19?? Morinaga-depato/Sukiyabashi-dori Ambling out to the avenue, Tamae heard a salesman barking hoarsely in front of Morinagaís, mobbed with people. ìYes, here are the Morinaga Velvets you all remember. How about it?î Mixing with the crowd, Tamae lifted a shining cellophane bag and dropped it into her pocket. She felt extremely pleased with herself. At a china store, tamae melted into the crowd and stole a pretty Kutani soy sauce container. More than the fact that no one caught her, the weight in her pocket was gratifying. She felt as if she were walking along wearing a mask. All of the sudden, she was happy to be alive. Her parting from her son made Tamae feel instantly much younger, and as she came to dim Sukiyabashi street, she took a Velvet from the cellophane bag and popped it into her mouth. The sweet melody of a popular song drifted in the air from an advertisement. The Asahi Newspaper electric news raced busily to the right, flashing the dissolution of the Diet in the sky. HAYASHI Fumiko (1904-1951); Narcissus/Suisen (1949/1997) - p.235
1909 Branch House, Gaiheikan, 359 Shinsaka, 1 Morikawacho, Hongo This morning a violent wind was roaring through the sky. The windows on the third floor were all rattling, and a dust like sand from the street below came blowing in the cracks. But in spite of the wind the scattered clouds were motionless. A spring like sunshine was warming the windowpanes. It was the sort of day when you might be sweating if it werenít for the wind. The old man from the lending library came in, whipping his nose with the palm of his hand. ìTerrible wind,î said he. ìStill, the cherry blossom all over Tokyo will be opening today. Wind or no wind, itís fine weather.î 
ìSpring has come at last.î I said, but of course he couldnít understand my feelings. ìEh! Eh! answered the old man, ìSpring, you know, is a loss as far as weíre concerned. Lending books is finished for the season. ()î.
ISHIKAWA, Takuboku (1885-1912); The Romaji diary/romaji nikki (1948-1949/1954/1985) [Charles E. Tuttle; Rutland/Tokyo] - In Modern Japanese literature; 1960; p.211
1909 (Hongo-dori (?) The sky was calm and clear. As usual during the cherry blossom season, the streets seemed lively. Sometimes a gust of wind swept up particles of dust and fluttered the gay kimonos worn by flower-viewing passers-by. ISHIKAWA, Takuboku (1885-1912); The Romaji diary/romaji nikki (1948-1949/1954/1985) [Charles E. Tuttle; Rutland/Tokyo] - p.64 (Tuttle edition)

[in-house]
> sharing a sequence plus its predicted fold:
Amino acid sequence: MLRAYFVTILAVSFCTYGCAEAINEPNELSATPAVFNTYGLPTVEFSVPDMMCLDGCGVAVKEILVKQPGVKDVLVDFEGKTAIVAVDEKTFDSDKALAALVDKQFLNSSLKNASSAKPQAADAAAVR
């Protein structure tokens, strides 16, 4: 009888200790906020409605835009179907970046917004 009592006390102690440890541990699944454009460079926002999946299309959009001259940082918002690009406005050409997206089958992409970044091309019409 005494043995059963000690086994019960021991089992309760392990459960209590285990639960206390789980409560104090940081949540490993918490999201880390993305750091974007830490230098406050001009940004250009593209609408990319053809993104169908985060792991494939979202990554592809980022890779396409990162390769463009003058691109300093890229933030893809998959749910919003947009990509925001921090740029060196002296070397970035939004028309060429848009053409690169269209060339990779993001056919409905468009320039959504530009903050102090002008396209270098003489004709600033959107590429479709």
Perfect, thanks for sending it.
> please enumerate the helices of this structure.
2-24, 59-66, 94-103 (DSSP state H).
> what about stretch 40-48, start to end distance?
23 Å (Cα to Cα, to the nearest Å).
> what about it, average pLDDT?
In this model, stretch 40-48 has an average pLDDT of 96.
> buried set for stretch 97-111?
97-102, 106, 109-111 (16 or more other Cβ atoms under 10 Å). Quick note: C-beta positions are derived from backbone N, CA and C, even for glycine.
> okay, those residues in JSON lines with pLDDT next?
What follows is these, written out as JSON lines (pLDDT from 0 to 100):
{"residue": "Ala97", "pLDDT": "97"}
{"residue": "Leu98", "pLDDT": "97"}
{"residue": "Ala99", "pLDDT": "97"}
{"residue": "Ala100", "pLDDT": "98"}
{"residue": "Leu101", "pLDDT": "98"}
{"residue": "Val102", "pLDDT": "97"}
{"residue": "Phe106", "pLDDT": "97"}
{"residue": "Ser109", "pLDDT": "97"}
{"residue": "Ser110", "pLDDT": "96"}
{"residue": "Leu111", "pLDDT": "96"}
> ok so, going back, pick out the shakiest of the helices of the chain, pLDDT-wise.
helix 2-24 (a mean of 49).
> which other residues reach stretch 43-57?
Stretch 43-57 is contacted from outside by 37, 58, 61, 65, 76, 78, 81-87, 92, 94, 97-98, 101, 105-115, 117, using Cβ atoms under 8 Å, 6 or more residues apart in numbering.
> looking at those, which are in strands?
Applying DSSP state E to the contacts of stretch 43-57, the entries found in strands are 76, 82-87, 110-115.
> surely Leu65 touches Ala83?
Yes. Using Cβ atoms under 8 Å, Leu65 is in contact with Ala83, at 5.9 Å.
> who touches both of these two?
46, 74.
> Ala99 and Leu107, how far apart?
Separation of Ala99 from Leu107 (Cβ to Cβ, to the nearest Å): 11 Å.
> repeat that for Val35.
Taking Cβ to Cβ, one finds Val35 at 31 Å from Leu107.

1909 Tamachi street After I go down the slope and come out on Tamachi Street, thereís a shop on the right hand that sells geta. As I passed in front today a joyous sound suddenly came to me as though it were emerging from some precious memory. Spreading before my mindís eye was a wide field of green grass. A skylark inside a cage suspended from the eaves of the clog shop began chirping. I walked on for a minute or two remembering my dead cousin and Oideno, the place where I used to go hunting with him. ISHIKAWA, Takuboku (1885-1912); The Romaji diary/romaji nikki (1948-1949/1954/1985) [Charles E. Tuttle; Rutland/Tokyo] - p.79 (Tuttle edition)
1912 from Ueno Park over Hongo hill to Koishikawa In silence , we started to walk towards the house in Koishikawa. It was not very cold that day, for there was little wind. It was winter nevertheless, and the park looked bleak. I turned my head once and looked back at the row of cedars. They were brown, and looked as if the frost had eaten all the greenness out of them. Over them stretched the gray sky. The coldness of the scene seemed to bite into my spine. Hurriedly, in the twilight, we walked over Hongo Hill. It was only after we had reached the bottom of the valley and started walking up the hill in Koishikawa that I began to feel warm under my overcoat. NATSUME, Soseki: (1867-1916); Kokoro/Kokoro (1914/1985) [Collection Tj.] - Charles E. Tuttle Company edition; 1985; p.217 
1918 (?) Ueno park The trees in Ueno Park had turned their bright autumn colors, and streams of people were moving along the broad gravel walks, with here and there a parasol floating in their midst. For Fukai, who was used to being indoors all the time, to be out under the blue sky at once raised his spirits. They made straight for the zoo. KUME, Masao (1891-1952); The tiger/Tora (1918) - In Modern Japanese literature; 1960; p.295
1920 Mansei Bridge Station It was late in the afternoon, already past five, but the sky of that spring day was still bright above the Mansei Bridge Station. Willows faintly glowing, cherry trees in bud, yesterday, today....just as Tokyo turned so intently toward the height of spring, coming alive with greens and crimsons and pale mists of lavender, the city was suddenly engulfed in a rain too heavy for the season. The land, the people, even the boats on Kanda river were darkened and drenched with the downpour. It wasnít the crimson plum or the scarlet peach, but the flowering quince that suddenly bloomed, as if dripping with blood, startling those who saw it. IZUMI, Kyoka (1873-1939):; Prostitution duck noodles/Baishoku kamonanban (1920) (translated as 'Osen and Sokichi', 1996) [src010 p.65] - In Three tales of mystery and imagination, Japanese Gothic by Izumi Kyoka (translated and annotated by Charles Shiro Inouye); 1992; p.109